However, people should exercise caution. To prevent human plague infection, do not feed or entice any rodent, rabbit or squirrel.Avoid contact with sick and dead rodents, prairie dogs, squirrels, rabbits and feral cats. And try to protect yourself and your pets from exposure to fleas.

Typical symptoms of human plague include swollen lymph nodes, fever or chills, headache, muscle aches, nausea and vomiting.Human plague can be treated successfully if diagnosed early.For more information, visit San Juan Basin Health Department's website, www.sjbhd.org.

Campbell focuses on post office

Sen. Ben Nighthorse Campbell, R-Colo., has introduced a bill that would designate the post office in Ignacio as the "Leonard Burch Post Office Building," in honor of the late Southern Ute tribal elder.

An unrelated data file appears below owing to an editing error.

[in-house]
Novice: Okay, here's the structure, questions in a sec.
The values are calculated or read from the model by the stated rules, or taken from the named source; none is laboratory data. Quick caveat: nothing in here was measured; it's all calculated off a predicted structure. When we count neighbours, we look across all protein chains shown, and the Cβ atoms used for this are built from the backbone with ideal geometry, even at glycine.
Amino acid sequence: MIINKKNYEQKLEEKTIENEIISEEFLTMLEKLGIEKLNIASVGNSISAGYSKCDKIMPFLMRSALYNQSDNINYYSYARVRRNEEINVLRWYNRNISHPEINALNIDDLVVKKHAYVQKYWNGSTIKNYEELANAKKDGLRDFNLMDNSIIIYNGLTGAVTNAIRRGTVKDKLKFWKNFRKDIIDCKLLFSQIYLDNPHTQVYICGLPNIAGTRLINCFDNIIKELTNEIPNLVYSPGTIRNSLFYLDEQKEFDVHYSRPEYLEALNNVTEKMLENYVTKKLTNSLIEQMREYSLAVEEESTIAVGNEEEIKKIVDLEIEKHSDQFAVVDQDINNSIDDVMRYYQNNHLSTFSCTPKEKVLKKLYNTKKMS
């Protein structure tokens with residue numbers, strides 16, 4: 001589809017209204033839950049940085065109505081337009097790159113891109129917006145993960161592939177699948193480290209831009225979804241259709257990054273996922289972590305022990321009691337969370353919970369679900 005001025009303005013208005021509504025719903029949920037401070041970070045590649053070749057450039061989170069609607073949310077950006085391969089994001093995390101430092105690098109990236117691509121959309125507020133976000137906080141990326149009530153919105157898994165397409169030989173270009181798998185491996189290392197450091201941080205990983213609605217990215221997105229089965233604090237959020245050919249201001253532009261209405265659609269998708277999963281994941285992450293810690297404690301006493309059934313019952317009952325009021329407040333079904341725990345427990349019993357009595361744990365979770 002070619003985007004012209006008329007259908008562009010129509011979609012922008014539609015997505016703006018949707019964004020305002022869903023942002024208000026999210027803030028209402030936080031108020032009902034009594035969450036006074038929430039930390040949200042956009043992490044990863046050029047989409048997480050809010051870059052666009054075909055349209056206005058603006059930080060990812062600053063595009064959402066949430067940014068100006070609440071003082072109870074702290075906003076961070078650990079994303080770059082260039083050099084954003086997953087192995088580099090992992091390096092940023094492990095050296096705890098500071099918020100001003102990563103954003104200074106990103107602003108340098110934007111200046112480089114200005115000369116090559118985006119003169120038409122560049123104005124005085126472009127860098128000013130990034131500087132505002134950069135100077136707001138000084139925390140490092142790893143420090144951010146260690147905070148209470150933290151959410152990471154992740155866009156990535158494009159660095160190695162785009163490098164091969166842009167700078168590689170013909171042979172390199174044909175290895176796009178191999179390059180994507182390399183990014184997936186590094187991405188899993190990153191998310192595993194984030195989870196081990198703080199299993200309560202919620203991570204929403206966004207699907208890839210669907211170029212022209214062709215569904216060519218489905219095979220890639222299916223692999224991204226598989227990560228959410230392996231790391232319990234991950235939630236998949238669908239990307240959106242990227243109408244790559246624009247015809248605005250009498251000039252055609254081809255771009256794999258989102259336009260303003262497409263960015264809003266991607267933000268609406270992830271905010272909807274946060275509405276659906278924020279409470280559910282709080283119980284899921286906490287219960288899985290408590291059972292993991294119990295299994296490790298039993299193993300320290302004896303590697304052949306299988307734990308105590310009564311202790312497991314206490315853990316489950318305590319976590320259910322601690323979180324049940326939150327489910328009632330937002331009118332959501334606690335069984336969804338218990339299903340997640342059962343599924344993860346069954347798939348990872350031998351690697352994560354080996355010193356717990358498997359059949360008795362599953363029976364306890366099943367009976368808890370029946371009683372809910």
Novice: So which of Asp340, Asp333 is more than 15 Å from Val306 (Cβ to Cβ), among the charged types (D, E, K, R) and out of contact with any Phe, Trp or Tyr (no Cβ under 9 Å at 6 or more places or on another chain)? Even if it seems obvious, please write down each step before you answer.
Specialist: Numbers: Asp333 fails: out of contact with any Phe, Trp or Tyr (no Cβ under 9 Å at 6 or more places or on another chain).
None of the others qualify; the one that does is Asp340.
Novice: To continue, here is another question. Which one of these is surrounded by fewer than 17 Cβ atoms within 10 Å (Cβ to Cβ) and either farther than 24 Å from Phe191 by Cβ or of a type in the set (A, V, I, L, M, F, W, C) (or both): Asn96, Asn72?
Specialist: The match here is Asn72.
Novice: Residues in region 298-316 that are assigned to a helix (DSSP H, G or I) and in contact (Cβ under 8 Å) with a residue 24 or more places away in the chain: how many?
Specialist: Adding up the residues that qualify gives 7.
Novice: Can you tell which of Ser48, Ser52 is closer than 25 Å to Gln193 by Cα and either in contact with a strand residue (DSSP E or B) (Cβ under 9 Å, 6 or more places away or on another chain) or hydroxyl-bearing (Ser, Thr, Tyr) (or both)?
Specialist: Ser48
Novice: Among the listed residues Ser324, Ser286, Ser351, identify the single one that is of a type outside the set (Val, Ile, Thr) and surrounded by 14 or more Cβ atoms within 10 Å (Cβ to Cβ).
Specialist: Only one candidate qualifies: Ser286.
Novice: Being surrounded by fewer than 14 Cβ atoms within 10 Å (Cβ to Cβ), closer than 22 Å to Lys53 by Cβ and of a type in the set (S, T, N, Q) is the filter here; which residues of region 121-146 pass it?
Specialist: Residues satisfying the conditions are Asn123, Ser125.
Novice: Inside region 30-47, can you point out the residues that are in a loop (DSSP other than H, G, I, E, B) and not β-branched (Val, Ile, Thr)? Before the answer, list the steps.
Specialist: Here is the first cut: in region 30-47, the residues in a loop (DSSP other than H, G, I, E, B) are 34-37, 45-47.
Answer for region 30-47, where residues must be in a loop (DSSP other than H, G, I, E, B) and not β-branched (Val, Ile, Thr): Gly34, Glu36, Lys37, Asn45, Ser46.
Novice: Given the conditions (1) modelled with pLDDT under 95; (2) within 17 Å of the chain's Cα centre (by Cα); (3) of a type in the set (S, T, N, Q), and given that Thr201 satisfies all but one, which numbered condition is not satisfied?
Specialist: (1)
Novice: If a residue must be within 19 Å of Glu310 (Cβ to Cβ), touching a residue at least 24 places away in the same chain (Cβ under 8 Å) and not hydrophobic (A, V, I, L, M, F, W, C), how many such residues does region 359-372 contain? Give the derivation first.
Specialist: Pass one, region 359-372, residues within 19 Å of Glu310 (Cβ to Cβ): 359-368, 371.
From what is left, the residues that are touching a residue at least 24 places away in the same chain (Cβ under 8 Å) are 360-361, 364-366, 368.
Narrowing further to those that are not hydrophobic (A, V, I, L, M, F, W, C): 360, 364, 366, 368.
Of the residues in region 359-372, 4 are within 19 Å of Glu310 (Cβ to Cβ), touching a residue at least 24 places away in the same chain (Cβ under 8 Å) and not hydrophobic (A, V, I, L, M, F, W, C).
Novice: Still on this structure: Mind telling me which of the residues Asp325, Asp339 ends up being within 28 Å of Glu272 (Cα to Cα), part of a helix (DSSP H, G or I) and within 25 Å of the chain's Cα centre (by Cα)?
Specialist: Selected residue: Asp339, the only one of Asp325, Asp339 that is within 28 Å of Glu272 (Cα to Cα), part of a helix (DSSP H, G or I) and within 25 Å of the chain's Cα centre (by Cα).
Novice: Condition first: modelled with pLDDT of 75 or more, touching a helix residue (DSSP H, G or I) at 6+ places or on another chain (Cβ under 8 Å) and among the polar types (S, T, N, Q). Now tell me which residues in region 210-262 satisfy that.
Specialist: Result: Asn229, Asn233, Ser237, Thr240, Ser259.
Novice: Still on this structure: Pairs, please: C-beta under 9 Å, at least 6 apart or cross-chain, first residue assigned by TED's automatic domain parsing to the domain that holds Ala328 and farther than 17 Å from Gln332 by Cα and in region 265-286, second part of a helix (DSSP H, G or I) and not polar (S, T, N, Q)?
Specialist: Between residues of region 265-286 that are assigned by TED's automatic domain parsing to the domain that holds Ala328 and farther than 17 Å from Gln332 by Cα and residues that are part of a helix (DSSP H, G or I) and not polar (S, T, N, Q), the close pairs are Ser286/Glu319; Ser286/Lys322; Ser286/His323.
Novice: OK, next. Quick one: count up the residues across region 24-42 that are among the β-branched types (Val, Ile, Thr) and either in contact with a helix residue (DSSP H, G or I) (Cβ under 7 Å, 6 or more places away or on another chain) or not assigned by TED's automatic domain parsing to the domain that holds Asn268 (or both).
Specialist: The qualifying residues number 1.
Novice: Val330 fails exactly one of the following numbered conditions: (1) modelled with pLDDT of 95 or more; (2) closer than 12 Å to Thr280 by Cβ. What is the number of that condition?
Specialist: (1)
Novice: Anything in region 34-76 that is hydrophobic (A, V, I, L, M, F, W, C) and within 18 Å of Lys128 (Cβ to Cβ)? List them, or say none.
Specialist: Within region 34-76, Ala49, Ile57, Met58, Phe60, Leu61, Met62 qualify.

Leonard Burch was chairman of the Tribal Council of the Southern Utes for more than 32 years and credited with helping bring his tribe out of poverty.

Campbell commented, "Leonard had the rare ability to make other people believe in his vision and work to achieve it.Leonard Burch's leadership went beyond the tribe.He set an example for young people. It is a fitting tribute that the postal facility in Ignacio be named after a true warrior."

compiled by Will Sands